Tag Archives: bariatric

Longer apnoea time with roc in the obese too

Suxamethonium increases muscle oxygen consumption as a result of skeletal muscle fasciculation. In a comparison between sux and rocuronium in rapid sequence intubation, this resulted in faster desaturation in the sux group. A further study demonstrates a similar finding in obese patients.

BACKGROUND: Rapid sequence induction may be associated with hypoxemia. The purpose of this study was to investigate the possible difference in desaturation during rapid sequence induction in overweight patients using either succinylcholine or rocuronium.

METHODS: Sixty patients with a body mass index (BMI) between 25 and 30 kg/m², American Society of Anesthesiologists class I or II, undergoing general anesthesia were randomly divided into a succinylcholine group and a rocuronium group. After a 3-min preoxygenation, patients received rapid sequence induction of general anesthesia with midazolum-fentanyl-propofol and succinylcholine (1.5 mg/kg) or rocuronium (0.9 mg/kg). Ventilation was not initiated until oxygen saturation declined to 92%. We measured the times when oxygen saturation reached 98%, 96%, 94% and 92%. Safe Apnea Time was defined as the time from administration of neuromuscular blocking drugs to oxygen saturation fell to 92%. The recovery period was defined as the time from initiation of ventilation until oxygen saturation was 97%. Arterial blood gases were taken at baseline, after preoxygenation and at 92% oxygen saturation.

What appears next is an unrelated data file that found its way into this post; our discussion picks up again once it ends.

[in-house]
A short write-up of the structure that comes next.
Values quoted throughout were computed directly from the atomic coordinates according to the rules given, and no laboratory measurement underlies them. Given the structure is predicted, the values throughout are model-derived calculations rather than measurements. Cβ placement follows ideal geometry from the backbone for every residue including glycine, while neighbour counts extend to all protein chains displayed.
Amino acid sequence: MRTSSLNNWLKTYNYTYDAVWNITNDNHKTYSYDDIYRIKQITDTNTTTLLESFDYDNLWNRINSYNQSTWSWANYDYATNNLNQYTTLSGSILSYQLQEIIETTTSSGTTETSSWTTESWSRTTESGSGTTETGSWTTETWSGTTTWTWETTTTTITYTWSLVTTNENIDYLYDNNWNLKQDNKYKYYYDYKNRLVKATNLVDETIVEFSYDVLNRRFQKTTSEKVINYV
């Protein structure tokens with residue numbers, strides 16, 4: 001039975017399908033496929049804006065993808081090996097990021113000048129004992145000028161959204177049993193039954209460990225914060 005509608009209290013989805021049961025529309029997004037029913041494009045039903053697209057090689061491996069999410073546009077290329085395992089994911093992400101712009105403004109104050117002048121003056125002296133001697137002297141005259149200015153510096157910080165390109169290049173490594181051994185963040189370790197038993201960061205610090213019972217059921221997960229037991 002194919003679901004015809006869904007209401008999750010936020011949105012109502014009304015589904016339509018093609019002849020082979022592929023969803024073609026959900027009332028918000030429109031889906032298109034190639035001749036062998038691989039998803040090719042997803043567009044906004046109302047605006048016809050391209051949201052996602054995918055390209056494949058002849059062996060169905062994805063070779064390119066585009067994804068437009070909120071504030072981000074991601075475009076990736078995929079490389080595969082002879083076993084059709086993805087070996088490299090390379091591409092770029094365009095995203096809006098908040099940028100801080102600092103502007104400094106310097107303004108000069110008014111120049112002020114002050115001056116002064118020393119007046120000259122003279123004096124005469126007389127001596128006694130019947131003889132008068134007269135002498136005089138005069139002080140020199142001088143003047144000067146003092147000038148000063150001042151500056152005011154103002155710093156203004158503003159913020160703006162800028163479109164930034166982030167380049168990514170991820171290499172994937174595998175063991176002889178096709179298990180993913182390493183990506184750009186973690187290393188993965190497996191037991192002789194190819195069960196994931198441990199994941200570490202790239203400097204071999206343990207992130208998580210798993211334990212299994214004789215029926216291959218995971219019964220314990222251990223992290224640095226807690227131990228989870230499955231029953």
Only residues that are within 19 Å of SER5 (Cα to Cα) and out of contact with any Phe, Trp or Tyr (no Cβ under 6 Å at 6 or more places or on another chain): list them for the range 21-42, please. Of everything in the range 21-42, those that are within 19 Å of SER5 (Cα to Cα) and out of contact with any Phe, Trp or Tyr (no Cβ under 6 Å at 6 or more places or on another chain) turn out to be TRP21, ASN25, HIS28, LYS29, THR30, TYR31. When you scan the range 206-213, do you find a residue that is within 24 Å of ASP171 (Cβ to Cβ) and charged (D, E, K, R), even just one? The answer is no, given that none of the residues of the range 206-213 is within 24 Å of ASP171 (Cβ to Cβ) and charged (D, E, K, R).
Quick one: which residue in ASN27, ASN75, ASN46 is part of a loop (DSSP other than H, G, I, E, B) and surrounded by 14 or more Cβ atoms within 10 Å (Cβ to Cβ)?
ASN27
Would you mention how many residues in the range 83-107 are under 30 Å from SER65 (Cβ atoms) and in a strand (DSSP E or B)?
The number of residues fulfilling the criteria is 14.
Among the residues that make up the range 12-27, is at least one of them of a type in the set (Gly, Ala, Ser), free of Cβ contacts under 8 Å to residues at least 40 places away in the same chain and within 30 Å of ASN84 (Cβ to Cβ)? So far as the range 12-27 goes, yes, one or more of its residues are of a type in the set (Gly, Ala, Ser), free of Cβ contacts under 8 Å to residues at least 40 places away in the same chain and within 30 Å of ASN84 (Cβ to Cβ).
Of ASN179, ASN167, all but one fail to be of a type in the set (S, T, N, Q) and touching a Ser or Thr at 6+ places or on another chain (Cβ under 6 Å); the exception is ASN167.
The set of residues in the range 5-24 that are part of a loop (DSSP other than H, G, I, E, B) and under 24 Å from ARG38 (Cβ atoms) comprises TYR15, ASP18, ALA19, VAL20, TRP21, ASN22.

RESULTS: The mean Safe Apnea Time (95% CI) was 283 (257-309) s in succinylcholine vs. 329 (303-356) s in rocuronium (P=0.01). The mean recovery period (95% CI) was 43 (39-48) s in succinylcholine vs. 36 (33-38) s in rocuronium (P=0.002). Blood gas analysis showed no difference between the two groups.

CONCLUSIONS: Succinylcholine was associated with a significantly more rapid desaturation and longer recovery of oxygen saturation than rocuronium during rapid sequence induction in overweight patients.

Desaturation following rapid sequence induction using succinylcholine vs. rocuronium in overweight patients
Acta Anaesthesiol Scand. 2011 Feb;55(2):203-8

High BMI and frontal crashes

In adult patients injured in front impact motor vehicle collisions, the outcomes of obese patients with a Body Mass Index greater than 30 kg/m2 was compared with those less than 30 kg/m2. Obese patients were more likely to suffer a severe head injury from a frontal collision.

J Trauma. 2009 Mar;66(3):727-9
Traumatic Brain Injury After Frontal Crashes: Relationship With Body Mass Index